Industry issues - agents speak out
Q. How might the new UK visa system affect bookings?
Jan Passoff, Star Travel, Russia
“I do not think that an additional charge [that schools may pass on to clients for using the system] will change anything for the client. The schools have different extra charges for high season, for accommodation selection, etc. But the market has currently changed in Russia in connection with biometrics and people from remote areas hardly choose the UK now because they have to travel a long way to the visa centre without knowing if the visa will be granted or not. [They will know under the new system which starts next year]. Those clients for whom money is critical consider the UK an expensive destination and will go to Malta or somewhere else where everything is cheaper. But still the interest to the UK is high. It is also connected with the fact that previously there were no problems getting UK visas and all other countries were problematic.”
Ana Beatriz Senra Faulhaber, Executive Director, CP4 Cursos no Exterior, Brazil
“Every new system generates an initial impact, mainly when that means an increase in prices of the accredited schools to cover expenses to enable visa access. We have not received the 2009 fees yet and do not know how to calculate the total impact on the final price. The UK has always been known as one of the most expensive destinations, but it is also still well known to be ‘the’ place to learn not only the English language but also about the diversity of cultural aspects that involves learning and experiencing studying abroad. Brazil is known as a market where clients are price-sensitive and, nowadays, students are not only more informed because of the advanced technology but also because they are comparing all costs involved on a trip. We cannot forget that visas have always been a concern to clients. Hopefully, the new system will be more transparent allowing students to know their real possibilities to get a visa.”
Tatsu Hoshino, Execu-tive Director, Global Partners Education Network, Japan
“I do not think the new visa system will affect bookings much from Japan. First of all, studying in the UK is rather expensive to us so an additional UK£10 (US$20) does not make much difference anyway. Secondly, we do not have many problems entering the UK so far so the new visa system [will not affect us]. On the other hand, quality linked visa issuance may have a good effect. Lately we see some [visa factory] schools in the UK and they are harming the reputation of the UK because their delivery is not satisfactory. This is surely not good for the entire language school industry in the UK. I expect the new visa system would drive away these schools in the long run.”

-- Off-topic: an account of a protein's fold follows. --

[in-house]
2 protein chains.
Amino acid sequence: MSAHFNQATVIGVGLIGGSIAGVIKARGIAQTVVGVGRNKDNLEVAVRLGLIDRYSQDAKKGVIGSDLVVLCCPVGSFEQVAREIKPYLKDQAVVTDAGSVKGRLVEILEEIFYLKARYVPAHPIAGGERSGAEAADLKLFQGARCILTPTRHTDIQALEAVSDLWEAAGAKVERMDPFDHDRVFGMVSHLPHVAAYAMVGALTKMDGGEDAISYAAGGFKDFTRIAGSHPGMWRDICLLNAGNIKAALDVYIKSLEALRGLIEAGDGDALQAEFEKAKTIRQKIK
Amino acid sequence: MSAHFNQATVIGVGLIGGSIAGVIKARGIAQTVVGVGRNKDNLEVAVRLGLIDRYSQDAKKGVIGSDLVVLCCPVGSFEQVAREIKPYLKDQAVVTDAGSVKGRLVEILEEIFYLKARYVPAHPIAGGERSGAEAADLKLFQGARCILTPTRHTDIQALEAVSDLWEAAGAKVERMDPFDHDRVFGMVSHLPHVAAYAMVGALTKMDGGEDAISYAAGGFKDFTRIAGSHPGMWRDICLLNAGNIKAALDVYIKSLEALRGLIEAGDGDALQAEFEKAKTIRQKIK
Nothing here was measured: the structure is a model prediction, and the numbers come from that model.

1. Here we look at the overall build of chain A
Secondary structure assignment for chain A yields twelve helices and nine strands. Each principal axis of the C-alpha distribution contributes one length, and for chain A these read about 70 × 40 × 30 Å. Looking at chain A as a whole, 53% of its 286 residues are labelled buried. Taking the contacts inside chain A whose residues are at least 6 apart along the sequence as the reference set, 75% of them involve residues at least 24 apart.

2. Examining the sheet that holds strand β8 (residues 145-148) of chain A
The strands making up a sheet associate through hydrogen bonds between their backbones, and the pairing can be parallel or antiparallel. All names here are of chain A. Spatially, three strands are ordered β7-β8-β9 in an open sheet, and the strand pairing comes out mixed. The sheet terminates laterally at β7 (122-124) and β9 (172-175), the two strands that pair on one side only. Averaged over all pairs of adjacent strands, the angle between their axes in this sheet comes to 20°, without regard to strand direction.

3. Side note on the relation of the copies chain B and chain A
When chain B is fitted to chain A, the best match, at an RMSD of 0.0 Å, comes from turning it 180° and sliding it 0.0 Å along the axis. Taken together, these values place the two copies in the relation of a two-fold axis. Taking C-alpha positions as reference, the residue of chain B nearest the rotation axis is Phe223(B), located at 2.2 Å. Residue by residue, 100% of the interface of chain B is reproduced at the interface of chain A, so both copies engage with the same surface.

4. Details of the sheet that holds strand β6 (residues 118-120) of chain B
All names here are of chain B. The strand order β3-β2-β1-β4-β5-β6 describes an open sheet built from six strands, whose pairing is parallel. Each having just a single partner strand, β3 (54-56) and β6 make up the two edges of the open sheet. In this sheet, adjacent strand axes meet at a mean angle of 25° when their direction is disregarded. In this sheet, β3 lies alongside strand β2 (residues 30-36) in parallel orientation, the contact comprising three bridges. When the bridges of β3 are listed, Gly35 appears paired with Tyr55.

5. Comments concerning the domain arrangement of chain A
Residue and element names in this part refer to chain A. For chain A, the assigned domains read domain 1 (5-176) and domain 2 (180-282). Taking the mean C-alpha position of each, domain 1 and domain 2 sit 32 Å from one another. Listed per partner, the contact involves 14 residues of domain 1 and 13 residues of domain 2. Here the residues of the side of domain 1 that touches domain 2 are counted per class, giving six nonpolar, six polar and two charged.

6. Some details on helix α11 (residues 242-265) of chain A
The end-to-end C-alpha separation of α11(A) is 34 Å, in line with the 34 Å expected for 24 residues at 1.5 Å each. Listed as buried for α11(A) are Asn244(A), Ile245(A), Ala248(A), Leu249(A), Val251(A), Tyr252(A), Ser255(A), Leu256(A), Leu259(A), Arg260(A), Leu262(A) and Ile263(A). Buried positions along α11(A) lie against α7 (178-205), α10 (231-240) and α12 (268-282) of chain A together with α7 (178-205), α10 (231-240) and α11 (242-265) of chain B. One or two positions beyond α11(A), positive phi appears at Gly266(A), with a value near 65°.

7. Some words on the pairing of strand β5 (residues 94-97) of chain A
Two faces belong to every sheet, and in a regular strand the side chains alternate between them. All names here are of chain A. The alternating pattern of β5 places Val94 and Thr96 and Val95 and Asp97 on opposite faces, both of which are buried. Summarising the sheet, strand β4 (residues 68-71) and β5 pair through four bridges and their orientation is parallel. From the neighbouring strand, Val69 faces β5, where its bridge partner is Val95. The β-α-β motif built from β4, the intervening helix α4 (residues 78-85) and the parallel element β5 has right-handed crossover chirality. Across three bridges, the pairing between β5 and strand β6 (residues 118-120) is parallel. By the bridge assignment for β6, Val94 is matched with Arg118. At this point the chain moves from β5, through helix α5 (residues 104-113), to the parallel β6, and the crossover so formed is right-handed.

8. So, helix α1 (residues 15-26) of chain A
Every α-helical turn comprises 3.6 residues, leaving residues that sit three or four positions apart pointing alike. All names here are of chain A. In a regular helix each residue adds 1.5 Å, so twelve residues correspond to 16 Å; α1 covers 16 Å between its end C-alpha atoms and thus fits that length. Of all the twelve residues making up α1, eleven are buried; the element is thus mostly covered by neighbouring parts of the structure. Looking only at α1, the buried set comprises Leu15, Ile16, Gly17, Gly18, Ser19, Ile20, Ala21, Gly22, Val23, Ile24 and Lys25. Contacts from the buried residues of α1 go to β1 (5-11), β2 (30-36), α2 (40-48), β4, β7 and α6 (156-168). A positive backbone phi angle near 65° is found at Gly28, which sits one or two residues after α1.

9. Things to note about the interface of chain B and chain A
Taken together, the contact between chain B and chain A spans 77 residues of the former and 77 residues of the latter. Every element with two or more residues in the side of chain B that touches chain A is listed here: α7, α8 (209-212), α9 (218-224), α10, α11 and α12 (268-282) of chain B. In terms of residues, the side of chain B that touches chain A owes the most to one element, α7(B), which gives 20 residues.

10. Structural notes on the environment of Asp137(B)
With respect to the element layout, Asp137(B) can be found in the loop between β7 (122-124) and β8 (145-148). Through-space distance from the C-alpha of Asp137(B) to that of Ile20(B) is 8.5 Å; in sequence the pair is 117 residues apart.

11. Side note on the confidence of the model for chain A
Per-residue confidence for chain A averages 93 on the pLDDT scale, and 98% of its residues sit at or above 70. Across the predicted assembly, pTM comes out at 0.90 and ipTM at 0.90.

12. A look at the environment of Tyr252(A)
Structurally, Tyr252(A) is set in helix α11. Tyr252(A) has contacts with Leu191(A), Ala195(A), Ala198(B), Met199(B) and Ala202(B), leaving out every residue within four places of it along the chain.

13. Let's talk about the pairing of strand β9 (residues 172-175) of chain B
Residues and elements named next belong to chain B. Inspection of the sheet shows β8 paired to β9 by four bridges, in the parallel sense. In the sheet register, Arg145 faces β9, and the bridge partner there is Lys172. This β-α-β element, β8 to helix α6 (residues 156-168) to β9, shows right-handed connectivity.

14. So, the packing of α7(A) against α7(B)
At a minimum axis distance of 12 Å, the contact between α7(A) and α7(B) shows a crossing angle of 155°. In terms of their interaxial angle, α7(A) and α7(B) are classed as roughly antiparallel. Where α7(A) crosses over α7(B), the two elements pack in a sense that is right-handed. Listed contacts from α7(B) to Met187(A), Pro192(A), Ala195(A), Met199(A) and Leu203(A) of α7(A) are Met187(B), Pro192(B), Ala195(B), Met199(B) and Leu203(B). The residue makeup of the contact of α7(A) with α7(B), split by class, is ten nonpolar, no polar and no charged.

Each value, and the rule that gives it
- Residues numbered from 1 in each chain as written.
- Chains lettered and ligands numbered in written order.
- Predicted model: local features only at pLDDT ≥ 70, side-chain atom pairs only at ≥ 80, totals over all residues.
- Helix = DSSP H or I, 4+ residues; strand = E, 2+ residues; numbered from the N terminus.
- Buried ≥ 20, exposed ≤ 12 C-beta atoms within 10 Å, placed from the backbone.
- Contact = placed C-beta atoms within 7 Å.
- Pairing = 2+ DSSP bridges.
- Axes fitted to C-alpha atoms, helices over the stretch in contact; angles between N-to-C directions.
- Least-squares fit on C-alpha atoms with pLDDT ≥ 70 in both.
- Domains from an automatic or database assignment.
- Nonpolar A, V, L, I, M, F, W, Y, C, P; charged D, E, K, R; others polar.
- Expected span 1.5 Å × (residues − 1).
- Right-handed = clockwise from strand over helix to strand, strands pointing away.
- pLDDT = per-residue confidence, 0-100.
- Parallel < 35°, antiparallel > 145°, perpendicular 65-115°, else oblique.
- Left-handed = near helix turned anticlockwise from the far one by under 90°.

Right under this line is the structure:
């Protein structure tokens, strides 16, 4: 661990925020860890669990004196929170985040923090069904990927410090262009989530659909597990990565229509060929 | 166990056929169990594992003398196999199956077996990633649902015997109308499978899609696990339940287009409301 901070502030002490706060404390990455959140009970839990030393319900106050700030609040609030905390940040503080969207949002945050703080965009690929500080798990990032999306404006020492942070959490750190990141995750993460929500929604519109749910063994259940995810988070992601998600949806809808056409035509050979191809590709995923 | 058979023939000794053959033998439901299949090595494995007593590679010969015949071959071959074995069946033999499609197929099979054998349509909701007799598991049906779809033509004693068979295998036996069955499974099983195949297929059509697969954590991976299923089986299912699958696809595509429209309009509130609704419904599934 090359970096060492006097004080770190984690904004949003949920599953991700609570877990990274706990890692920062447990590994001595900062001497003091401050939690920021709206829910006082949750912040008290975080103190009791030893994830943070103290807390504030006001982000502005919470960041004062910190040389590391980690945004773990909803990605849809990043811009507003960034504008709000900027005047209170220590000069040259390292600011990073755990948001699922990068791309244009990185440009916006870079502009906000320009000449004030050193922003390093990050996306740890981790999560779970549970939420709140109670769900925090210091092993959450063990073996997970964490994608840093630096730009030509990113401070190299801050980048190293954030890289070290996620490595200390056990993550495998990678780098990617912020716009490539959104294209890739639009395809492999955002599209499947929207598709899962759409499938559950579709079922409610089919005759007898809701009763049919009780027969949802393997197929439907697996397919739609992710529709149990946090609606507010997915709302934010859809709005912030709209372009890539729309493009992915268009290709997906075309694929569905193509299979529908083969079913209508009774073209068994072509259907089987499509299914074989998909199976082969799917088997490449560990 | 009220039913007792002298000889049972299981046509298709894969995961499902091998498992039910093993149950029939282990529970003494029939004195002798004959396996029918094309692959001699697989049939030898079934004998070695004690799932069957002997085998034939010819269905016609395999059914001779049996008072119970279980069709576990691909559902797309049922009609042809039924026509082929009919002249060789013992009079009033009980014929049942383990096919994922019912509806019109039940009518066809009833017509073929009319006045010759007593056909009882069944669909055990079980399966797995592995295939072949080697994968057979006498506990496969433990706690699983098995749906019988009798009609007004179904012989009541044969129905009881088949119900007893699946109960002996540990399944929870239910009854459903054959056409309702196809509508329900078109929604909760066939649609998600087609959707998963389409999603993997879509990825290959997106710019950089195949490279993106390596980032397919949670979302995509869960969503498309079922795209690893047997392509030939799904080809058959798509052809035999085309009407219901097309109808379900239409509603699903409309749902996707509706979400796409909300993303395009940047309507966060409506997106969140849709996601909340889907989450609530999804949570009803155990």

Agency of the month
In a series appearing each month in Language Travel Magazine, we ask a different language teaching institution to nominate one of their preferred agencies or agent partners, and to explain why this person/company is worthy of their nomination.
This month, English Language School in Sydney (Elsis) in Australia nominates Bridge Blue in Australia. Greg Newton, Marketing Director of the school, explains this decision.
“In the last year we have hosted well over 1,000 international students, with Bridge Blue delivering about 35 per cent of these. Bridge Blue offers a complete range of student services and support with the utmost integrity.
While participating in international events such as fairs and seminars over the years, we have found that there is a noticeable amount of passion and charisma put in by all Bridge Blue staff that captures the attention of the students. They follow through with a professional counselling process that always results in 100 per cent success and satisfaction for their students.
Our student feedback surveys always reflect positive results from the students that we receive from Bridge Blue and this is also proven by the extra work put into understanding their student needs at all international offices right through to their head office in Sydney.
Bridge Blue is managed by various nationalities and professional backgrounds worldwide with over 20 offices internationally.”
On the move
The Language Centre at the University of the Arts in London, UK, welcomes Hannah Cox as its new Marketing Coordinator. Ms Cox will be looking after and developing agent relationships in a variety of markets, as well as working on promotional materials. She brings teaching and marketing experience to the role she has worked as Senior Teacher and also Marketing Coordinator at St Giles in the UK, and most recently at the London School of Commerce.
Robin Summers has joined Alenea Consulting to head up its new recruitment division, Alenea Recruiting in the UK. With a background in teacher training, school management and academic direction in the UK and abroad, Mr Summers plans to grow Alenea’s bespoke recruitment service and develop the brand as a frontline conduit for EFL related vacancies at all levels.
D’Overbroeck’s College, Oxford, UK, has a new Marketing Coordinator, Rebecca Rue. She already has valuable experience of working in the accommodation department, and she is now working part-time in the marketing department for both d’Overbroeck’s Independent Sixth Form and d’Overbroeck’s International Study Centre. Ms Rue will be the first port of call for overseas agents at the college.
Zannah Lewis has joined International House Bangkok, Thailand, as Marketing Manager. With a degree in modern languages and a background in journalism, marketing and teaching, Miss Lewis brings a wealth of experience to the IH Bangkok team. She will be working with Managing Director, Danny Willcocks, in the introduction of the English language holidays in Thailand package.